A fortnight short of five years ago, Brendan Rodgers’ Premier League leaders lost 2-0 after failing to handle Jose Mourinho’s defensive tactics, ending an 11-match winning run and handing the initiative to eventual champions Manchester City.
The team were criticised for not coping with the pressure but Klopp insists the current situation bears no resemblance to then.
“I never thought for one second about 2014 until I entered this room. Not one second. Why should I?” he said at his pre-match press conference.
“Last year nobody asked me about (2014) before we played Chelsea at home.
“I’m not sure it’s in anybody’s mind except yours (the media’s). If the fans talk about it I can tell them all to ignore it.
The moment Liverpool fans had their hearts broken 💔— Match of the Day (@BBCMOTD) 12 April 2019
They will be hoping for no repeat against Chelsea this weekend. pic.twitter.com/26DqUjMTDg
“It’s nothing to do with us, it’s a completely new story. Things happen once in a lifetime, sometimes twice, sometimes never.
“Only the colours and the names of the teams are the same, pretty much. I am completely positive about the game.
“Anybody who wants to talk to any of my players about what happened years ago, don’t do it.
“We want to write our own history, and if you do that you can build on the positives of the past, ignore the negatives of the past and learn from the mistakes of the past.
“We have to do it positively, front-foot, the way we did the whole season.”
When the teams met in April 2014 it was a top-two clash and both were in the title race along with City.
This time around Chelsea are fighting just for a top-four place but that does not mean Klopp under-estimates their opponents.
“I know we have to work really hard for the result,” he added.
“I’m not nervous, I feel the intensity of the competition, but in this moment we see the positives. We never rest there. We have to make the next step, and it’s not over yet.
“The boys are positive, but it’s still so difficult. If you want to go through without difficulties, you have no chance. We try to encourage the players to play with big balls if possible, to try everything.
“It’s not possible to play a football game without mistakes. So you don’t have to worry about them, you only have to deal with them.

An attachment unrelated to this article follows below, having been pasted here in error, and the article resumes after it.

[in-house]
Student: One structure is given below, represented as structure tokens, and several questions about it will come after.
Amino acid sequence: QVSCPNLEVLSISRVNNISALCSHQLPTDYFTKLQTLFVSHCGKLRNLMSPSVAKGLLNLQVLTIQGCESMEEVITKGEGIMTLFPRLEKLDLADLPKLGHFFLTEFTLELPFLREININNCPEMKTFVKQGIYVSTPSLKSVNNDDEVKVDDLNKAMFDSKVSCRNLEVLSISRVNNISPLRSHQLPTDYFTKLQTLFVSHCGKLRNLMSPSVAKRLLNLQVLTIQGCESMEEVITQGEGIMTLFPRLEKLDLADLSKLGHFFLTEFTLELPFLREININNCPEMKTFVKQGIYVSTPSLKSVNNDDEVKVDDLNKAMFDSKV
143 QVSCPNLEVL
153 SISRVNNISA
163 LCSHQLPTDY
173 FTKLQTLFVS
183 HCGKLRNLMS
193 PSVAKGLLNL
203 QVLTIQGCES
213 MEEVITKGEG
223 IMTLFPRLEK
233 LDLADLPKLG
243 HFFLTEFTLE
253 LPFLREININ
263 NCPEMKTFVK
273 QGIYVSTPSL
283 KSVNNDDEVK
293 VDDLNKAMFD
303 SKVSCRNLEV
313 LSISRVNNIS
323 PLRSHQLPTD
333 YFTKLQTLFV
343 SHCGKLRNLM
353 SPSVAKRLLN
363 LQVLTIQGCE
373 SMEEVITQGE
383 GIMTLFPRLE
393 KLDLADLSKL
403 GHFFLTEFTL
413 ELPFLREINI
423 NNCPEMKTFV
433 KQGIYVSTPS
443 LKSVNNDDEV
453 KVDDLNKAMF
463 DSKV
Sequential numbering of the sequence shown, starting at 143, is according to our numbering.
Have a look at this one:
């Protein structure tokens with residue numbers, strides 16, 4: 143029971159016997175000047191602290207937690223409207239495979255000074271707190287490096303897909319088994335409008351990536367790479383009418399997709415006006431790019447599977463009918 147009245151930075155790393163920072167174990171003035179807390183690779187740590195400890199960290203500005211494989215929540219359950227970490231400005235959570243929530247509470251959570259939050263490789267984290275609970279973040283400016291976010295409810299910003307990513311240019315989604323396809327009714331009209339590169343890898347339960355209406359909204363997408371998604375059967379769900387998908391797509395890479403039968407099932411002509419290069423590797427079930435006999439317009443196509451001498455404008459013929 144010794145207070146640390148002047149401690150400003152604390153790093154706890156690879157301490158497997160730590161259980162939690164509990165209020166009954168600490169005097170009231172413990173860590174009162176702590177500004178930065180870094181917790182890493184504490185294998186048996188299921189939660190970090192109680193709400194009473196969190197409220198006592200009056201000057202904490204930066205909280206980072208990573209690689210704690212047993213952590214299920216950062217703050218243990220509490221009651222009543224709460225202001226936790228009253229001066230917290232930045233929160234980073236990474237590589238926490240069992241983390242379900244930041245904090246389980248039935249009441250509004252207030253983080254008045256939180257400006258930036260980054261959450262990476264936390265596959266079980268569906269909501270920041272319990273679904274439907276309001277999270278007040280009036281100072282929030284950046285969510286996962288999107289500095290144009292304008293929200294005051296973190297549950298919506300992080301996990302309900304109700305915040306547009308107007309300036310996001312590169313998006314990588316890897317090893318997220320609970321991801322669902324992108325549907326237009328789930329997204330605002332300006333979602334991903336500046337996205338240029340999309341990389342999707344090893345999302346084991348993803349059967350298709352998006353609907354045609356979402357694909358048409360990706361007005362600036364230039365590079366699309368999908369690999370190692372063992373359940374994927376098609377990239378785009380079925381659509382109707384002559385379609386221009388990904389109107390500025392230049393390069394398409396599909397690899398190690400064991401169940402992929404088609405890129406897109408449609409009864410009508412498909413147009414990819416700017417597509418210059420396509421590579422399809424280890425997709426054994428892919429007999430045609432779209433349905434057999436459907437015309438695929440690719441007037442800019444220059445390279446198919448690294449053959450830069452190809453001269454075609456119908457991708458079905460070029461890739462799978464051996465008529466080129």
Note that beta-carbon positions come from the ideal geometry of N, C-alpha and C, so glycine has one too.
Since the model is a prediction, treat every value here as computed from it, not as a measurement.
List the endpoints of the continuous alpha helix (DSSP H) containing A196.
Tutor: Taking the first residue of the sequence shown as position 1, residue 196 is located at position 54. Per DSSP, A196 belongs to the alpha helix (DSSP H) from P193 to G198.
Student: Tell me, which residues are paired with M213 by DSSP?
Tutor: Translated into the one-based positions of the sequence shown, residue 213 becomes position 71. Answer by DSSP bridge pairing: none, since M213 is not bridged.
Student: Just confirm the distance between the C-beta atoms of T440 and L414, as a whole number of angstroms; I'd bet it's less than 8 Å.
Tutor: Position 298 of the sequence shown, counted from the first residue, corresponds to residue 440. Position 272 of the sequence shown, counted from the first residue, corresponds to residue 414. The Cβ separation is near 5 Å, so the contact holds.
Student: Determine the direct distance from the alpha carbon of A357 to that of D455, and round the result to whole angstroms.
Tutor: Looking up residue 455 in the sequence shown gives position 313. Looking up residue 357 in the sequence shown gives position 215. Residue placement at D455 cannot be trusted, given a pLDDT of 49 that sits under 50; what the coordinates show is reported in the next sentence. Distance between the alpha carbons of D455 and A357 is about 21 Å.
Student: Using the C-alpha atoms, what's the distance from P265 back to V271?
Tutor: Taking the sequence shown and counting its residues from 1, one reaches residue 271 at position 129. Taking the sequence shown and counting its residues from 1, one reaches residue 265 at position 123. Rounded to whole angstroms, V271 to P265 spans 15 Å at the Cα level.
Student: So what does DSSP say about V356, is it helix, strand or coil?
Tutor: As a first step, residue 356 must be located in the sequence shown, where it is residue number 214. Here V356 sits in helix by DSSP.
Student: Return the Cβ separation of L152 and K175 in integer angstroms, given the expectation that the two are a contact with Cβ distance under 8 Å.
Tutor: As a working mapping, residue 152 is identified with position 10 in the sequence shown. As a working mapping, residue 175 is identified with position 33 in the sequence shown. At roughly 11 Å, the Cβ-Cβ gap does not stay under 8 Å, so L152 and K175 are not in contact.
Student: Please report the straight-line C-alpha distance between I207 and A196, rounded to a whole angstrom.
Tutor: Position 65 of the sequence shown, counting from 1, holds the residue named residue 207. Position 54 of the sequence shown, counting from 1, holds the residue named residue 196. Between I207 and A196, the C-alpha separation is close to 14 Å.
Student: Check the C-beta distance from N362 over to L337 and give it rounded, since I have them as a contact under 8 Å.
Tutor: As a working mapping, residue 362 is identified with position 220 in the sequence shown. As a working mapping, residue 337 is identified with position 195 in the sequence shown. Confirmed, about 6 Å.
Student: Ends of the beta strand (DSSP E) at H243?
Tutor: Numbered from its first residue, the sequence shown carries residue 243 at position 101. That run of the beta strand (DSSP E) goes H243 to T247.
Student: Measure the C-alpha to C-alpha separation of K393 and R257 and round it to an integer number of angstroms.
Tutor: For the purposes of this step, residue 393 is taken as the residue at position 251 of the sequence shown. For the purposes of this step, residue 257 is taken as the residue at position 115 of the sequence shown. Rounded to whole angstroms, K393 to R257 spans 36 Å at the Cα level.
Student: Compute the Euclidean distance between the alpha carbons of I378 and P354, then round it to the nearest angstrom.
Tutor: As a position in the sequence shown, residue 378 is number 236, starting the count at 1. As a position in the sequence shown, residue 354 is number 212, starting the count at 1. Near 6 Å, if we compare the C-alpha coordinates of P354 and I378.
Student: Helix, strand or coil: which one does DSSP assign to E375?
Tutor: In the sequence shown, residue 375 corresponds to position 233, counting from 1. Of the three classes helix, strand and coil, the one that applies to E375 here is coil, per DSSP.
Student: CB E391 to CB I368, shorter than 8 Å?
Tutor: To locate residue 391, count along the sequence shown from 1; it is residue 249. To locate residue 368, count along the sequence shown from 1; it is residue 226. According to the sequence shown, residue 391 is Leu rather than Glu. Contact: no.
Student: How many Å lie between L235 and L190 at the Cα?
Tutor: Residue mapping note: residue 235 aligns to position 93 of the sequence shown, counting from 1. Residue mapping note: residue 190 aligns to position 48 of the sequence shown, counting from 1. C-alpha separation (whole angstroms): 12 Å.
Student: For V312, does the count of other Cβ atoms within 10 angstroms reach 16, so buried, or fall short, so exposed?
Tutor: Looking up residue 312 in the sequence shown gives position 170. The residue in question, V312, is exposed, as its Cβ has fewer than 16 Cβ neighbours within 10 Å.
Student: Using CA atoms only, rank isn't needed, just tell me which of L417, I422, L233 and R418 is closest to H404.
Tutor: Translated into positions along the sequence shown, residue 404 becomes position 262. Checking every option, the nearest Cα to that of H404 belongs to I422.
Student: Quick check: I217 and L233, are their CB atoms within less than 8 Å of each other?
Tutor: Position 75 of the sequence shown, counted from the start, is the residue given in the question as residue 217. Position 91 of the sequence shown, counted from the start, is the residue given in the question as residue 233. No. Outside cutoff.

“We will make mistakes on Sunday, but we have to sort it, help each other, and then we can win a football game.
“We are completely focused on the situation and hopefully it will work out.”
Liverpool forward Sadio Mane believes Naby Keita will become a big star at Anfield as the Guinea midfielder has proved before he is a slow-burner at a new club.
The pair struck up a close relationship – Mane describes him as a “brother” – in the brief time they were together at Red Bull Salzburg in 2014 before the Senegal international moved to Southampton.
Mane has since followed Keita’s career closely and feels there is a lot more to come from the £52.75million signing, who has had an indifferent start to his Liverpool career.
“I knew him from a long time ago, from the first time he came to Salzburg and he was the same,” Mane told Press Association Sport.
“At the beginning at Salzburg it was very tough for him but he never stopped working hard.
“He was not playing for a while and he was really positive and after he was the star of the team.
“I am 100 per cent sure he will do incredibly well.”
Keita has scored in back-to-back matches, after 27 previous appearances for the Reds without a goal, and his all-round performances have improved after a stop-start introduction to English football.
“To be honest I think we have more to see from him. At the moment it is going well for him and everyone is very happy for him,” added Mane.
“The real Naby is coming still. He played well the last two games. I know him very well and there is more to come.
“I think goals always give him more confidence. He scored two goals and I think it boosts his confidence.”